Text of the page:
SENSe Discrimination training: a clinical training package
A clinical training package and protocol have been developed to support the application of SENSe Therapy. SENSe therapy is recommended in the National Stroke Guidelines and best-practice recommendations.
The SENSe training approach builds on the ability of the brain to adapt and learn new skills. It has been designed to assist stroke survivors to improve functional sensation and generalise these skills to novel stimuli that have not been trained, as well as to everyday functional tasks. For example, a client with impaired touch sensation will be trained to discriminate differences in textures that vary in surface characteristics and to transfer this skill to discriminating differenced in novel textures. SENSe training directly targets improvement in somatosensory capacities so that these improved skills can be used more effectively in a wide range of contexts and activities.
- Improvement in the ability to discriminate common textures through the sense of touch,
- Knowledge of where one’s arm is in space, and
- More optimal exploration, recognition and use of common objects using the sense of touch, rather than having to rely on vision or other compensation approaches.
Who can conduct SENSe training?
SENSe therapy has been successfully conducted by occupational therapists and physiotherapists. Therapists need to be specifically trained in the SENSe approach.
Who is SENSe training most appropriate for?
SENSe therapy is suitable for persons who have impaired ability to discriminate body sensations following stroke, particularly those with impaired texture discrimination, limb position sense and recognition of objects through touch. Impairment in body sensations after stroke may be identified using formal sensory assessments and observation in occupational tasks.
Can SENSe be used with patients who have little/no movement?
Yes: however, it is important for the person with little/ no active movement can attend to, sense and involve their affected limb where possible. The client can get access to the sensory stimuli to be discriminated in training through guided movement by the therapist. For examples of how to facilitate these guided movements please refer to our SENSe Training Manual.
What are the 7 principles of SENSe training?
- Select – specially designed training tasks, with opportunity for grading and transfer
- Attentive exploration – goal-directed, give response
- Feedback – on critical features of sensation and exploratory procedures, immediate and precise
- Calibrate – match altered sensation with more normal sensation experienced through the other hand and vision
- Anticipate – deliberate use of anticipation trials where the client knows what to expect o feel, choices are reduced to highlight distinctive differences
- Repeat and progress – repetition and progress to more difficult discriminations and tasks
- Transfer – matrix of stimuli and training conditions to facilitate skills transfer and transfer to untrained activities.
Timeframes/ frequency of treatment
SENSe has been shown to be effective when training is provided at a rate of 3 times a week for 10 sessions. Each session is about 60 minutes and includes training of 2 or 3 sensory attributes and/or occupational tasks.
Clinician Perspectives on SENSe
“Very interesting and rewarding therapy”
“Wonderful to see clients learn how to retrain their sense of touch and use their hand more meaningfully in their daily life”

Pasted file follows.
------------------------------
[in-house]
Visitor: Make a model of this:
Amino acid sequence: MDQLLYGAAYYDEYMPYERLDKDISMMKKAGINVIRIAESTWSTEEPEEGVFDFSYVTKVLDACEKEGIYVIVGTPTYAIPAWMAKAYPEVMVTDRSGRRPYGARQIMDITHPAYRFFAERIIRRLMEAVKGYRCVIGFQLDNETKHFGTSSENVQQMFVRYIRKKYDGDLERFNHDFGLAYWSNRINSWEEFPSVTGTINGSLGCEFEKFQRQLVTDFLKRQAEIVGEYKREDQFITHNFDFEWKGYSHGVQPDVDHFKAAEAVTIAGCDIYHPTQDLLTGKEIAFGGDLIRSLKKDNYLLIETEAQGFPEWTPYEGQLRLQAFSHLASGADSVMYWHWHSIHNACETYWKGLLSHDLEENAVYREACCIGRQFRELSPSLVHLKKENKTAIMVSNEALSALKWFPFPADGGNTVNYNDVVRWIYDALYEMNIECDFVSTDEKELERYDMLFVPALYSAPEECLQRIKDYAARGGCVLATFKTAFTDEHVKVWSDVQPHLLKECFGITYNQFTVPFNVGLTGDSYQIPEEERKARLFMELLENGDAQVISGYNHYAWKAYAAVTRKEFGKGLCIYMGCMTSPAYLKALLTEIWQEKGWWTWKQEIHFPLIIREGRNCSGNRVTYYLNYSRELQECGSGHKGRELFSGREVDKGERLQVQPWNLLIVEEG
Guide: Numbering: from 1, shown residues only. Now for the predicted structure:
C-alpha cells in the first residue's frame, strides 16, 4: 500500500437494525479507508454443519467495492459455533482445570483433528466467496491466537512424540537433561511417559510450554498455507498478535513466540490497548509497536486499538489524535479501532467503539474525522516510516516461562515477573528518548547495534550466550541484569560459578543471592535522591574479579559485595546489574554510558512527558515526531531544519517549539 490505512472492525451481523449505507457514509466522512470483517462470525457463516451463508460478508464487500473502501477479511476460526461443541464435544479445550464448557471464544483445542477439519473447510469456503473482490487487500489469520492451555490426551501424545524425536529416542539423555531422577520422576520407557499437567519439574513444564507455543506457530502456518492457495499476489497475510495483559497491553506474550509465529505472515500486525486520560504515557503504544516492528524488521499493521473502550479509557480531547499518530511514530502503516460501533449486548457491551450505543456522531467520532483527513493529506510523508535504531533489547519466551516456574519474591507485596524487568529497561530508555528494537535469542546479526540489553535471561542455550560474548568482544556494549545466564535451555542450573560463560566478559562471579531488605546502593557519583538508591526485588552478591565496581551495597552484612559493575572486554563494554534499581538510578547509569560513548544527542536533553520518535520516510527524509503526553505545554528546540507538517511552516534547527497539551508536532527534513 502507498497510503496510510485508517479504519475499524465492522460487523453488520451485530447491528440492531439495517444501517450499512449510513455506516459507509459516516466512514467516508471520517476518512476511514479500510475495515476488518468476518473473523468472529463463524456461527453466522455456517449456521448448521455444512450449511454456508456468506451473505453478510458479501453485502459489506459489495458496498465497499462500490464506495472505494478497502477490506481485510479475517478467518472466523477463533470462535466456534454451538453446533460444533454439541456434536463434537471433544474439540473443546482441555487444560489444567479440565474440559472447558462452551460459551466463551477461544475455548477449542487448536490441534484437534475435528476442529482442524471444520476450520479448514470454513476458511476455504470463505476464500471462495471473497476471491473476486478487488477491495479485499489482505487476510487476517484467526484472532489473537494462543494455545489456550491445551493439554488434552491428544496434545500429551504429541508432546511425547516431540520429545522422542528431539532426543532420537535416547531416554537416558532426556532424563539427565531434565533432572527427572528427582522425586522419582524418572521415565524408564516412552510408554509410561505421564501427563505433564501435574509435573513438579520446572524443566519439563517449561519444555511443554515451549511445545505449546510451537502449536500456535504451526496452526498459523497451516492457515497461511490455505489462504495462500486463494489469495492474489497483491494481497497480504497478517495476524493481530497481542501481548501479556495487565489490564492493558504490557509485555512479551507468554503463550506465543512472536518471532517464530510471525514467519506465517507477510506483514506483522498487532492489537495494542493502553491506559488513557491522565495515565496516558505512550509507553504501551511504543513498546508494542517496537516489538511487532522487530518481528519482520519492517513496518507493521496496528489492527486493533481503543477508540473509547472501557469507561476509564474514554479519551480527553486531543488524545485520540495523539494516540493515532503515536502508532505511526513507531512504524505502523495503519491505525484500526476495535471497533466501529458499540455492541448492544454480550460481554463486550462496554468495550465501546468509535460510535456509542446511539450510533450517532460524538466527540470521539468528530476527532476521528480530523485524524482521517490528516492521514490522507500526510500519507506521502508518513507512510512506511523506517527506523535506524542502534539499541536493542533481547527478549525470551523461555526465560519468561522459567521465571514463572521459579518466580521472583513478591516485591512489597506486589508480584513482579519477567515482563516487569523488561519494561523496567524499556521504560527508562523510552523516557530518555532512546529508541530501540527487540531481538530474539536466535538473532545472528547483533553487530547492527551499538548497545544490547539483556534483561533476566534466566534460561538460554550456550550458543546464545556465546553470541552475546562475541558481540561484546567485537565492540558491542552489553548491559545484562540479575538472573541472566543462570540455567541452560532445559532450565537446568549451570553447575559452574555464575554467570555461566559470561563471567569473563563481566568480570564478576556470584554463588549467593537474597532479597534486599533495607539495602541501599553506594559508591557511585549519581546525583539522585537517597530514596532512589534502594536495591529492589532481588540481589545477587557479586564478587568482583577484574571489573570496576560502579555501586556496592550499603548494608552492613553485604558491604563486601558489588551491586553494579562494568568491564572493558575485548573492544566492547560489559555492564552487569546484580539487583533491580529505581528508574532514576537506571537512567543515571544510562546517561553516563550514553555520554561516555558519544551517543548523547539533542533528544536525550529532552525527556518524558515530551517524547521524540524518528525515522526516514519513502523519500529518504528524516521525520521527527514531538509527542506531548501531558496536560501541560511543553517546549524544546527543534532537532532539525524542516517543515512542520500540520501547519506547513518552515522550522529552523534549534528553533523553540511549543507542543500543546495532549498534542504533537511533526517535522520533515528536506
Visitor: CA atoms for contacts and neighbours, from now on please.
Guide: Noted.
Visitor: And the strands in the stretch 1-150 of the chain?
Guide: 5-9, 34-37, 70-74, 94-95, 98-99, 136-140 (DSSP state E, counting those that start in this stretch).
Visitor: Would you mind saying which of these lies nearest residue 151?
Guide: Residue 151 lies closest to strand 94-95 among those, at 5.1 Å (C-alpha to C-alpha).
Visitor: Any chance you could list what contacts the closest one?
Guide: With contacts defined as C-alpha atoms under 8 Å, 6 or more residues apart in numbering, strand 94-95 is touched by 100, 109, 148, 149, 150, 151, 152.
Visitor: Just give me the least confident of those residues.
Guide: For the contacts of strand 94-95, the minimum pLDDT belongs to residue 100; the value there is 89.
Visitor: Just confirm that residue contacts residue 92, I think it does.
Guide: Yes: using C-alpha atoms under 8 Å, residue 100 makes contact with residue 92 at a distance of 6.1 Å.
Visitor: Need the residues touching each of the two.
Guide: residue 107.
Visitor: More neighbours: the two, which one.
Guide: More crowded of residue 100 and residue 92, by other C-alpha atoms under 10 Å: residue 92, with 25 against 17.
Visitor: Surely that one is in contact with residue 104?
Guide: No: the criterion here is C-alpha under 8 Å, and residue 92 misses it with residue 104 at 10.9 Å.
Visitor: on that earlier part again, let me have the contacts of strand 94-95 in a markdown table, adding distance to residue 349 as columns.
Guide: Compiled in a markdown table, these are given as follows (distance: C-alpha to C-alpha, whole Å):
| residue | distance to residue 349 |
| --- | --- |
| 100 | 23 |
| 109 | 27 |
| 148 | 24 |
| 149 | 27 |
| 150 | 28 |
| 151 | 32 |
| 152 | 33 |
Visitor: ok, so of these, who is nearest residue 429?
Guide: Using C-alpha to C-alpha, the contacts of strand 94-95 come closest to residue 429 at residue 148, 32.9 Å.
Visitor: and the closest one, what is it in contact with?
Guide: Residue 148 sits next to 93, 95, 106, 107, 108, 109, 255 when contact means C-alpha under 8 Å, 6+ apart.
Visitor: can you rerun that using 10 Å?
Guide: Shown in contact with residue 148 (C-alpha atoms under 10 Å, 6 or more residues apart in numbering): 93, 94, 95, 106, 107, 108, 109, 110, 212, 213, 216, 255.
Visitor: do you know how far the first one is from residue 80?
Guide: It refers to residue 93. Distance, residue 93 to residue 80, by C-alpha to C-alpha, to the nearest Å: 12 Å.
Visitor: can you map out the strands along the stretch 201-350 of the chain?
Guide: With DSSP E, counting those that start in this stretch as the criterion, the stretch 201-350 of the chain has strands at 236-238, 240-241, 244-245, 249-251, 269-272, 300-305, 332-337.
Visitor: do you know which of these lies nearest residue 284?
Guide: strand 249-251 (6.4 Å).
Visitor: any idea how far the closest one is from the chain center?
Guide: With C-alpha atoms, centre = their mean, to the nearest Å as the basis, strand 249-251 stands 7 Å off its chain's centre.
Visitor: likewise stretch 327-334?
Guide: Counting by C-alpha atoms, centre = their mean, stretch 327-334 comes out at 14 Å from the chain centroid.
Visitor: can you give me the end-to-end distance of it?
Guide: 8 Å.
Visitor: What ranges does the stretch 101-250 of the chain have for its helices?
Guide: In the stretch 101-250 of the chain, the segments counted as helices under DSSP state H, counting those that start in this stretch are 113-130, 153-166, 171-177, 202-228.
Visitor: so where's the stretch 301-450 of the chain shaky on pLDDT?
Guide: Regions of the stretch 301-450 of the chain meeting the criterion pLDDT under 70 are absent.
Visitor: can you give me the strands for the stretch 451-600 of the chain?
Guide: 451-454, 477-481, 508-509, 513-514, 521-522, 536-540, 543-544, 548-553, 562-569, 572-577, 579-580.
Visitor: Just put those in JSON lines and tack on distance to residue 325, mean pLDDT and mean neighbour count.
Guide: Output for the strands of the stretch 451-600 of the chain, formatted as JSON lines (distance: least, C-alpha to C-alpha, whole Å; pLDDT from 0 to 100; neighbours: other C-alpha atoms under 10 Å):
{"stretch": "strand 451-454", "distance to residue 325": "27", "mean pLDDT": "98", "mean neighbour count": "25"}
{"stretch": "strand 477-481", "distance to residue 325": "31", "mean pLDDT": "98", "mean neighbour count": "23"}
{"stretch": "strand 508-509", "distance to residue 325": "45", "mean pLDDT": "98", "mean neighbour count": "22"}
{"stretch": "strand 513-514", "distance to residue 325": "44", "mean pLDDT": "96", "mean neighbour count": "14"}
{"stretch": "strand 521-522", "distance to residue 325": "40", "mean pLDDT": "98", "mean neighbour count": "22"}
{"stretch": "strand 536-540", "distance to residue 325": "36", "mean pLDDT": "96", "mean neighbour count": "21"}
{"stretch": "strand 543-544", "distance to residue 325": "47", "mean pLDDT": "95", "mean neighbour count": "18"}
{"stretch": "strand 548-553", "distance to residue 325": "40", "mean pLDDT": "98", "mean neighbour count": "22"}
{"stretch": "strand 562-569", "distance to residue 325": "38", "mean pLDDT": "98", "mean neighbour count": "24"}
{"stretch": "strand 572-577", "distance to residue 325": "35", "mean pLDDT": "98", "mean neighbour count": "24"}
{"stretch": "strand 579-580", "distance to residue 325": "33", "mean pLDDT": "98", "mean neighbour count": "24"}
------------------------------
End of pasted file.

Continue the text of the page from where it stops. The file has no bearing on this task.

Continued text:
Reading: Carey, L.M., Macdonell, R. & Matyas, T. (2011). SENSe: Study of the Effectiveness of Neurorehabilitation on Sensation. A randomized controlled trial. Neurorehabilitation and Neural Repair, 25, 304-313. Link to paper.
For more information on SENSe Therapy, the SENSe training principles and the evidence supporting SENSe therapy and its application, please visit:
This section includes evidence from:
- SENSe: Study of the Effectiveness of Neurorehabilitation on Sensation. A randomized controlled trial (link to Carey et al., 2011)
- Training of somatosensory discrimination after stroke: Facilitation of stimulus generalization (link to Carey & Matyas, 2005)
- Sensory loss in stroke patients: effective training of tactile and proprioceptive discrimination (link to Carey et al., 1993)
- Change in functional arm use is associated with somatosensory skills after sensory retraining poststroke (link to Turville et al., 2017)
- Initial severity of somatosensory impairment influences response to upper limb sensory retraining post-stroke (link to Turville et al., 2018)
Carey, L.M., Macdonell, R. & Matyas, T. (2011). SENSe: Study of the Effectiveness of Neurorehabilitation on Sensation. A randomized controlled trial. Neurorehabilitation and Neural Repair, 25, 304-313.
Carey, L.M., & Matyas, T.A. (2005). Training of somatosensory discrimination after stroke: Facilitation of stimulus generalization. American Journal of Physical Medicine and Rehabilitation, 84(6), 428-442.
Carey, L. M., Matyas, T. A., & Oke, L. E. (1993). Sensory loss in stroke patients: effective training of tactile and proprioceptive discrimination. Archives of Physical Medicine and Rehabilitation, 74(6), 602-611.
Carey, L.M. (2006). Loss of somatic sensation. In M. Selzer, S. Clarke, L. Cohen, P. Duncan, & F. H. Gage (Eds.), Textbook of Neural Repair and Rehabilitation (Vol II. Medical Rehabilitation, pp. 231-247). Cambridge, United Kingdom: Cambridge University Press.
Turville, M. Carey, L.M., Matyas, T.A. & Blennerhassett, J. (2017). Change in functional arm use is associated with somatosensory skills after sensory retraining poststroke. The American Journal of Occupational Therapy, 71(3), 1-9.
Turville, M., Matyas, T., Blennerhassett, J. M., & Carey, L. M. (2018). Initial severity of somatosensory impairment influences response to upper limb sensory retraining post-stroke. NeuroRehabilitation, 43(4), 413-423.